So I got down on my hands and knees and peered through the little hole—and saw an eyeball looking right back at me! I almost had a heart attack right there. When I screwed up enough courage to take a second look, I realized that a piece of broken mirror had lodged itself in a knothole. I'd nearly frightened myself to death by staring at my own eyeball!

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The Ever-Flowing Water HeaterFamily Handyman

The Ever-Flowing Water Heater

When the plumber replaced one of the heating elements in my electric water heater, I watched carefully, knowing that the other element would eventually need replacing too. Sure enough, a year later the other element went. I checked it with an ohmmeter, confirmed my diagnosis and headed to the plumbing supply store. When I returned home, I killed the power supply at the box and at the wall switch. Feeling proud and confident, I dragged the garden hose into the house, connected it to the heater and ran it into the floor drain to empty the heater—just like the plumber had done. Then I sat and waited for the water to stop flowing. After about an hour of a good, steady flow, it occurred to me to SHUT OFF THE WATER SUPPLY! Fifteen minutes later and hundreds of gallons of water poorer, I replaced the element. -Dianna Tucker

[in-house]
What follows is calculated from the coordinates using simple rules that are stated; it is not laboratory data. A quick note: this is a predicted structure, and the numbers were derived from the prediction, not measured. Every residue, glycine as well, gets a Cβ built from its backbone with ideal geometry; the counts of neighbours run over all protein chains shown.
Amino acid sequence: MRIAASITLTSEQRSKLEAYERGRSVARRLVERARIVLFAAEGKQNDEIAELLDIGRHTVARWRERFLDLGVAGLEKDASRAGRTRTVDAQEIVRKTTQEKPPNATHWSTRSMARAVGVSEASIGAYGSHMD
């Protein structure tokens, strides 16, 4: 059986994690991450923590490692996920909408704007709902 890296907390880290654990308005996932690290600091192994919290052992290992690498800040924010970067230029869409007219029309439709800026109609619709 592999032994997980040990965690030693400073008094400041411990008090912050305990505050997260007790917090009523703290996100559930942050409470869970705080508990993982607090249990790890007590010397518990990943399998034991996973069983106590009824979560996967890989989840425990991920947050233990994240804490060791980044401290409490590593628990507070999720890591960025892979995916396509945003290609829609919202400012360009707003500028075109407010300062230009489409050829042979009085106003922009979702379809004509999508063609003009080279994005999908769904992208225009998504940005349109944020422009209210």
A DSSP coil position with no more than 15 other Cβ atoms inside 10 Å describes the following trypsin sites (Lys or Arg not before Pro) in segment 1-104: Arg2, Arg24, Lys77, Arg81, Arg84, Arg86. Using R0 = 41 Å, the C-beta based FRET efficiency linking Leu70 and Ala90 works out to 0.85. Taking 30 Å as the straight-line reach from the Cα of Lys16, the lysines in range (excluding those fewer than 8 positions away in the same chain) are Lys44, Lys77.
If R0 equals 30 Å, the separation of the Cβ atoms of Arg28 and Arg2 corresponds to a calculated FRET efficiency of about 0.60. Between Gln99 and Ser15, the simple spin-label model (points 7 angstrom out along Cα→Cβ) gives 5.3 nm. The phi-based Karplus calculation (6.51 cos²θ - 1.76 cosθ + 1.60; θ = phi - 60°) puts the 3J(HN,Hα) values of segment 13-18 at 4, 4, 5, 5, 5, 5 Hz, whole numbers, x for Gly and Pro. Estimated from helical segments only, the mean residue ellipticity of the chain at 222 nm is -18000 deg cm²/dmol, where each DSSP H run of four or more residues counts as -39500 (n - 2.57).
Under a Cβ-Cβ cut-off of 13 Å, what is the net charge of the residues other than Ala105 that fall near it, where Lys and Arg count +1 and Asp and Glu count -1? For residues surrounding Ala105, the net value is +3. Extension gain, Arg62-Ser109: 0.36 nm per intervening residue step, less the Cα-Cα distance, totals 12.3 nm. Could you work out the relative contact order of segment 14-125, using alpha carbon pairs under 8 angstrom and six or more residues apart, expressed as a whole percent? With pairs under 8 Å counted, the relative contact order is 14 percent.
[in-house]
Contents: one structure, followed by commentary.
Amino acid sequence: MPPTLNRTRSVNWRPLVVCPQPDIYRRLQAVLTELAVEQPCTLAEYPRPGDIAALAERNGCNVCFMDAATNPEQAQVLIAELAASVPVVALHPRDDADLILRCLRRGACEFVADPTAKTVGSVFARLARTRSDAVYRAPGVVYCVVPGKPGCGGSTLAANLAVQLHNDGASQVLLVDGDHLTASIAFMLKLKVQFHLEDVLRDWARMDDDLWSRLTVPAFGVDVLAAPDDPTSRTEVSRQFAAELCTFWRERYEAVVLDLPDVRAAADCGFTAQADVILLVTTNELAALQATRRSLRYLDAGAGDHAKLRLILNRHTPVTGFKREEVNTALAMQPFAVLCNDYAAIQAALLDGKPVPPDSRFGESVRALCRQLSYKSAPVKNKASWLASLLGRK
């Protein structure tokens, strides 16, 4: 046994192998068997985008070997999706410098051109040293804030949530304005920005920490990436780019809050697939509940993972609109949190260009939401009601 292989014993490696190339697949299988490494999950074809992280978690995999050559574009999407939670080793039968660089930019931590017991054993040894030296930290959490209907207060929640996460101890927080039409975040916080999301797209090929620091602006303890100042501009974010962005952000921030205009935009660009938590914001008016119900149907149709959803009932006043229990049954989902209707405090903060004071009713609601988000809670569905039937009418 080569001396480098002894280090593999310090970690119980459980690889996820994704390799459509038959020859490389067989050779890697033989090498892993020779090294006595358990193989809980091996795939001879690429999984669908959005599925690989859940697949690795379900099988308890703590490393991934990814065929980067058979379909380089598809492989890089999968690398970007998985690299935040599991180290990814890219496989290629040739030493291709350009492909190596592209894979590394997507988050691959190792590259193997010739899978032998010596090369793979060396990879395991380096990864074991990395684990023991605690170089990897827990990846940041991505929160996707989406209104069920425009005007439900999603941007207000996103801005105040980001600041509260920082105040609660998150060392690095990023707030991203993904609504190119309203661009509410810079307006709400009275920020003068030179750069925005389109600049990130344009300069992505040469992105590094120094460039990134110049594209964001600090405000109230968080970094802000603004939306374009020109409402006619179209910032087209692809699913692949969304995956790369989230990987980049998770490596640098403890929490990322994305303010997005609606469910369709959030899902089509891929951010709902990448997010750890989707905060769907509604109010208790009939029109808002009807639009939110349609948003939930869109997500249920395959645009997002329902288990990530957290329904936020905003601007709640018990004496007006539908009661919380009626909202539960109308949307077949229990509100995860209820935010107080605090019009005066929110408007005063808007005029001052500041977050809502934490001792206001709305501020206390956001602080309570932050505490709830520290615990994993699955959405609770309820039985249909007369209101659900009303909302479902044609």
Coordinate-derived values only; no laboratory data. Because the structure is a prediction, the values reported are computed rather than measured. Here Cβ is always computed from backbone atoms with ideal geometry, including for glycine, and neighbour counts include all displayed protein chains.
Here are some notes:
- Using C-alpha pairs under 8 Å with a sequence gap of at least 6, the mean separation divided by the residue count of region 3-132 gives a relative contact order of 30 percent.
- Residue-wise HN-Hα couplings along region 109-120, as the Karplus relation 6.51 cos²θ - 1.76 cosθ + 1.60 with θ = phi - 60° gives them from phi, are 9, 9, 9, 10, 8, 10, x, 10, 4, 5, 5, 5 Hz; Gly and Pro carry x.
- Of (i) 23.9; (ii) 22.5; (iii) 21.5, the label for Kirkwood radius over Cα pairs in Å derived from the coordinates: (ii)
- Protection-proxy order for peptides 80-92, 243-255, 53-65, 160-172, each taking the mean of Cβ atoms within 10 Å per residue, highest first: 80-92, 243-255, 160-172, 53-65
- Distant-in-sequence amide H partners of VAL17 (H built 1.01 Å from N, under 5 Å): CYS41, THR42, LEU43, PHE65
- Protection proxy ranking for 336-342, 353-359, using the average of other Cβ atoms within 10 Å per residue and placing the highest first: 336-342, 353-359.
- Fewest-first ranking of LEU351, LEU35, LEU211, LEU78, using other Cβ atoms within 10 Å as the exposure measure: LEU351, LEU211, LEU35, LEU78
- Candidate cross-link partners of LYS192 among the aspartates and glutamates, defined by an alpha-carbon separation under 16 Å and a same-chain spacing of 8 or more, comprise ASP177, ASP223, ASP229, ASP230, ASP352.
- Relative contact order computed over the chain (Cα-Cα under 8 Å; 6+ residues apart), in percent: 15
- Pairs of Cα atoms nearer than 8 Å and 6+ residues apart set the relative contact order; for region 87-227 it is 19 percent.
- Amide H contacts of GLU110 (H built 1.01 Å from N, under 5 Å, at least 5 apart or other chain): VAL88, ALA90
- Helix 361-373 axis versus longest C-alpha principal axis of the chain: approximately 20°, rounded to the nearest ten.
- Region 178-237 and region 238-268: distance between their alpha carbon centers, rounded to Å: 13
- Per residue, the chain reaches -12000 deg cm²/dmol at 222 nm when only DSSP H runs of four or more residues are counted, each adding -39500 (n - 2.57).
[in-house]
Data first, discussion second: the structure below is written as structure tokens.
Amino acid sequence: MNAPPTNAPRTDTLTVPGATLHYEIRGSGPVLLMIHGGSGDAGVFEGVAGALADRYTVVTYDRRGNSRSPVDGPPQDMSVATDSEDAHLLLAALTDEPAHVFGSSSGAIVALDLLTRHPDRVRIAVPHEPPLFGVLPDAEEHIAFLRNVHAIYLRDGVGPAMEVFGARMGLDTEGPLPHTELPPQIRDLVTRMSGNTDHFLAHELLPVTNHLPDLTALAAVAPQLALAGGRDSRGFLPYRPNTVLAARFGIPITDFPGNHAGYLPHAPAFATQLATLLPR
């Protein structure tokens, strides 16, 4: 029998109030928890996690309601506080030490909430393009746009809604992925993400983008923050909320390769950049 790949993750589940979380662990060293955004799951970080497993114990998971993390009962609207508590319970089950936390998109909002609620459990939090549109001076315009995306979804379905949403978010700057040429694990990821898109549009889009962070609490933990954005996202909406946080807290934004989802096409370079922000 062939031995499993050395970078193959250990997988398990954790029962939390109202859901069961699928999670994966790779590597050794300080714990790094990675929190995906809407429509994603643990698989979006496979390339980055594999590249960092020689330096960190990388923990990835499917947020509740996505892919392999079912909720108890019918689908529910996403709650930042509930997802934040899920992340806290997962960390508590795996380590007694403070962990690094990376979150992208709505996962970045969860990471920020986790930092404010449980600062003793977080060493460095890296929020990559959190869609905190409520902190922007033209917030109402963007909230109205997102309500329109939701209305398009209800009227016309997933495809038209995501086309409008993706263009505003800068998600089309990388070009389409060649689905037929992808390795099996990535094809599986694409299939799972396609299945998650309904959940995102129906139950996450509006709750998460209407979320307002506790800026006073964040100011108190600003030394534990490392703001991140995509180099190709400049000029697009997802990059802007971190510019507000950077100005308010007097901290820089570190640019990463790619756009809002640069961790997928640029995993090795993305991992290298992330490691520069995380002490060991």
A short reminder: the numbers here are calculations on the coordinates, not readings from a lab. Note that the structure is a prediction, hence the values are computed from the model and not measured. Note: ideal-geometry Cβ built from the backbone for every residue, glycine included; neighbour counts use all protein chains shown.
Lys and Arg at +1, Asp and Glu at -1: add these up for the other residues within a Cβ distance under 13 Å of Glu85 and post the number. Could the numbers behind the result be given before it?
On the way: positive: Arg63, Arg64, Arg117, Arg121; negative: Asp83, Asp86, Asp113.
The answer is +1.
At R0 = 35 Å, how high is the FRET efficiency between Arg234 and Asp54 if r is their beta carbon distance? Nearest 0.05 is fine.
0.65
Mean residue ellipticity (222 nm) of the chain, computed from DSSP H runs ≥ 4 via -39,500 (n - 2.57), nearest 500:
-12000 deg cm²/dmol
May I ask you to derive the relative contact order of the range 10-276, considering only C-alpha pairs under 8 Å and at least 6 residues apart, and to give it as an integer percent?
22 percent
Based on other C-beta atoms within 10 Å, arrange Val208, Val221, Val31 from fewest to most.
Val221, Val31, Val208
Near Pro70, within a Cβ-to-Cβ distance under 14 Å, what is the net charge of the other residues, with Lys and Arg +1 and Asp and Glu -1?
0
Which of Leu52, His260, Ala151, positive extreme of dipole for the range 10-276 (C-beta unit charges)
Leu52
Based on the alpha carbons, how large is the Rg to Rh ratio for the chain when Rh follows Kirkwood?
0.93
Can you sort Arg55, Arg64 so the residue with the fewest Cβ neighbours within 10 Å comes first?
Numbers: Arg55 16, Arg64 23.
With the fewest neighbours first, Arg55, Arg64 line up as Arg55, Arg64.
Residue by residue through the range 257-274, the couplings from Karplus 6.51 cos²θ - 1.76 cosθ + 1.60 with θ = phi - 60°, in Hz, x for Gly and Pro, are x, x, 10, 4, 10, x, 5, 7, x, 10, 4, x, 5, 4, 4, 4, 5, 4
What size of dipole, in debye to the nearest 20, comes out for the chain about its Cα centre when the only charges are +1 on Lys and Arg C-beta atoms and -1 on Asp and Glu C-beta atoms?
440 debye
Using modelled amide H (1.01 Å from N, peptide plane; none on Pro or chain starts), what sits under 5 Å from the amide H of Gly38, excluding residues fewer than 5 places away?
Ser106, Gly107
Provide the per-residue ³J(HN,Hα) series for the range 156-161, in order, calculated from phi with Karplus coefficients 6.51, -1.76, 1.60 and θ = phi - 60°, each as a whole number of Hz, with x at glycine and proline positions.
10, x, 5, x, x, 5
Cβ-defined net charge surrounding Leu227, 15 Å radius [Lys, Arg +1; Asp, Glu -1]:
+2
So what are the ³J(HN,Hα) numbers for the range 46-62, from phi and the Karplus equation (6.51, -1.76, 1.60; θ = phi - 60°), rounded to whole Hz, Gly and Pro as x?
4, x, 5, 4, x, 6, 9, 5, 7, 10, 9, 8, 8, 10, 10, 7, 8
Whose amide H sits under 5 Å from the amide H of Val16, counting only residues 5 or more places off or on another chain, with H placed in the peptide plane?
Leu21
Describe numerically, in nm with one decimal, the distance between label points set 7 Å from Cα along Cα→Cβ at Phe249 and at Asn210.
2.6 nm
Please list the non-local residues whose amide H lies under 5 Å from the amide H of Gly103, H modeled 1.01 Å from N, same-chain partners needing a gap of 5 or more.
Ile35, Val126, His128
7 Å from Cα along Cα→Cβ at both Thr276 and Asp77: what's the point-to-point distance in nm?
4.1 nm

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Caution: Highly Foolhardy

Caution: Highly Foolhardy

I came home early one spring afternoon to find it was a bit cool in the house, so I decided to build a fire in the fireplace. I hate to admit it, but sometimes we use a little charcoal lighter fluid to get the fire started. This time, however, the can was empty. I went to the garage to find a substitute and spotted a can of starting fluid that said 'highly flammable.' Just what I wanted, or so I thought. I brought it into the house and sprayed some onto the logs. Big mistake. I lit a match and before I could even get it into the kindling, there was a thunderous explosion. Blue flames shot out of the lower vent, hitting my shins just above my shoes and scorching my socks. Luckily I escaped without injury or any major damage to my house. I never told anyone until now. My advice: Start your kindling only with a little newspaper and a match! Follow this how-to guide for starting a fire in your fireplace.